“With respect to assessing climate change, I cannot support the majority’s characterization of the Social Cost of Carbon. The Social Cost of Carbon is a scientifically-derived metric to translate tonnage of carbon dioxide or other GHGs to the cost of long-term climate harm. 14 The majority recites a number of technical and policy arguments to attack the usefulness of the Social Cost of Carbon, many of which I addressed in my dissent on the Sabal Trail Remand Order. 15 Without entirely rehashing those arguments, I reject the notion that the Social Cost of Carbon cannot meaningfully inform the Commission’s decision-making. The majority presents various excuses, including arguments about the application of a cost-benefit analysis in our pipeline review and lack of consensus regarding the appropriate discount rate. I continue to find these arguments unpersuasive. The Commission does not monetize the costs and benefits of a proposed pipeline project largely because, to date, we have not sought to develop the record with evidence that would that support this type of cost-benefit approach to our pipeline reviews. I believe we could better account for changes in GHG emissions resulting from the end use of the transported gas, and calculate a Social Cost of Carbon that accurately reflects the climate change impacts of a particular project. Additionally, the Commission could estimate the appropriate discount rate or to use more than one discount rate in our calculations or to provide a range of numbers for consideration.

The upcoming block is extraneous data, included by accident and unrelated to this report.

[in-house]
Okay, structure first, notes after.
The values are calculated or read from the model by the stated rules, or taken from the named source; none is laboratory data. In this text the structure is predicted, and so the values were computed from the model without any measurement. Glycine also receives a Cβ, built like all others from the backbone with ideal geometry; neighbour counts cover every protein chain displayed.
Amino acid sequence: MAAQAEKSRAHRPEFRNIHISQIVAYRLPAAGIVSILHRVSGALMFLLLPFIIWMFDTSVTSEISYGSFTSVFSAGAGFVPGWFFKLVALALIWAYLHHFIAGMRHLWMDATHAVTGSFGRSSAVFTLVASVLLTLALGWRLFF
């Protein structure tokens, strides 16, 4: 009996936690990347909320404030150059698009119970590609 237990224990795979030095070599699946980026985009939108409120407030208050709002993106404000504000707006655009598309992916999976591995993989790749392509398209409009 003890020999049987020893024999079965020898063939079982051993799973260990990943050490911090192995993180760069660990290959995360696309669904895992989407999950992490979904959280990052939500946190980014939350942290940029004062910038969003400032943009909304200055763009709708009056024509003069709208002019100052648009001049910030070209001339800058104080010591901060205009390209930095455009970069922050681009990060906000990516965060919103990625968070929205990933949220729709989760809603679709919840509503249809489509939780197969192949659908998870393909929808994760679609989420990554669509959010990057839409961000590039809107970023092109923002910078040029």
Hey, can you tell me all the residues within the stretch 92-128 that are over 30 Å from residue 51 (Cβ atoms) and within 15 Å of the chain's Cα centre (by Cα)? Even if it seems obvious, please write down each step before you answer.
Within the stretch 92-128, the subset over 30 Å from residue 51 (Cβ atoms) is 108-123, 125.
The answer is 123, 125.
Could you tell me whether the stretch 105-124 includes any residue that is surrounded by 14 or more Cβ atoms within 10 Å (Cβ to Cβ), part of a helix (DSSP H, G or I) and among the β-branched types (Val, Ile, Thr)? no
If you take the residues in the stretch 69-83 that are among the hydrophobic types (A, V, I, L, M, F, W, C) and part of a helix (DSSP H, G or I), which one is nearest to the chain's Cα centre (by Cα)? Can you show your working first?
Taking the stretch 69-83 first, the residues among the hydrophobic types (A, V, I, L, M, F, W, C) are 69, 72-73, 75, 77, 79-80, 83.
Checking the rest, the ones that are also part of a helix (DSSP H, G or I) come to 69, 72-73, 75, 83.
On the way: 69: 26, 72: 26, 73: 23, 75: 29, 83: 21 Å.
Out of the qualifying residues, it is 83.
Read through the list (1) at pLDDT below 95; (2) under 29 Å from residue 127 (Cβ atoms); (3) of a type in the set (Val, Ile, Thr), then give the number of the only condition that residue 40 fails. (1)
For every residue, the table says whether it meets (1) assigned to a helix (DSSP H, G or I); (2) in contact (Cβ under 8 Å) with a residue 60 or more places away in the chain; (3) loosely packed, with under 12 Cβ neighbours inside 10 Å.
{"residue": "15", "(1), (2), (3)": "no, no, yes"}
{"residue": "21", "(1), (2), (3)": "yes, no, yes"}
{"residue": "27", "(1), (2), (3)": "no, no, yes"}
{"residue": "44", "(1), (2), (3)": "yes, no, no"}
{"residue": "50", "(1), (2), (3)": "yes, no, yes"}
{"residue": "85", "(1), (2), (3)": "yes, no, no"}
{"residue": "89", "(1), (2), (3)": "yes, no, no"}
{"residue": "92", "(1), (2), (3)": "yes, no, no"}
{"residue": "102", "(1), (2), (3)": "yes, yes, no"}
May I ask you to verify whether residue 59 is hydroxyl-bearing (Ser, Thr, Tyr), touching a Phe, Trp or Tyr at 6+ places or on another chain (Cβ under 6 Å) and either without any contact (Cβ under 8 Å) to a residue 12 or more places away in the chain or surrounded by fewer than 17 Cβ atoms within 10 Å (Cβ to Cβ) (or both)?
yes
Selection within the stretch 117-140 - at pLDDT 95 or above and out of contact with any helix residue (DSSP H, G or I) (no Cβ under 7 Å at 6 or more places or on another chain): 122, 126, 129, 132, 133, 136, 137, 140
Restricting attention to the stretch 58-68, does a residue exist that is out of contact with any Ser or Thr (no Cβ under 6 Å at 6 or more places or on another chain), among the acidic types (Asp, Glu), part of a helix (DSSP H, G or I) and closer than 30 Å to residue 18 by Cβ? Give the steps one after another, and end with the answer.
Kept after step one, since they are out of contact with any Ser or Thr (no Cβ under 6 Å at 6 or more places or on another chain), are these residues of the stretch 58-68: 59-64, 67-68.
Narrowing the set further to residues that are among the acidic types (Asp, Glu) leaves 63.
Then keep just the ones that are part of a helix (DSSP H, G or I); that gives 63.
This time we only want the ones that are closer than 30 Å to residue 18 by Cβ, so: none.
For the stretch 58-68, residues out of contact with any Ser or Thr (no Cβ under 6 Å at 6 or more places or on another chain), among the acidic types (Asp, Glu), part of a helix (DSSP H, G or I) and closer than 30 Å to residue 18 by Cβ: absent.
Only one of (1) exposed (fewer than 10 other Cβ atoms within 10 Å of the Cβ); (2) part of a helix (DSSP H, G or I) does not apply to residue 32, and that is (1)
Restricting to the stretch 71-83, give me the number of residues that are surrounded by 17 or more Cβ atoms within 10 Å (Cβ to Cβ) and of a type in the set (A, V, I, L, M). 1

“As I have said before, much of the majority’s criticism simply reflects the fact that consideration of climate change in our pipeline reviews is difficult. I agree that consideration of climate change is difficult. However, I do not believe that the difficulty of considering climate change relieve us of the obligation to consider climate change impacts as part of our environmental review.
“For all of these reasons, I respectfully dissent. ”
- 1 Mountain Valley Pipeline, LLC, 161 FERC ¶ 61,043 (2017) (LaFleur, Comm’r, dissenting).
- 2 Atlantic Coast Pipeline, LLC, 161 FERC ¶ 61,042 (2017) (LaFleur, Comm’r, dissenting).
- 3 Mountain Valley Pipeline, LLC, 163 FERC ¶ 61,197 at P 149 (2018) (Rehearing Order).
- 4 Certification of New Interstate Natural Gas Facilities, Notice of Inquiry, 163 FERC ¶ 61,042 (2018) (NOI on the Certificate Policy Statement).
- 5 I am not dissenting today specifically on the use of precedent agreements to determine need; I recognize that approach is consistent with existing Commission policy, to be reviewed as part of the NOI on the Certificate Policy Statement.
- 6 They requested access pursuant to the provisions of 18 C.F.R § 388.113(g)(5) (2017) instead of 18 C.F.R § 388.113(g)(4) (2017).
- 7 Rehearing Order, 163 FERC ¶ 61,197 at P 31.
- 8 Id.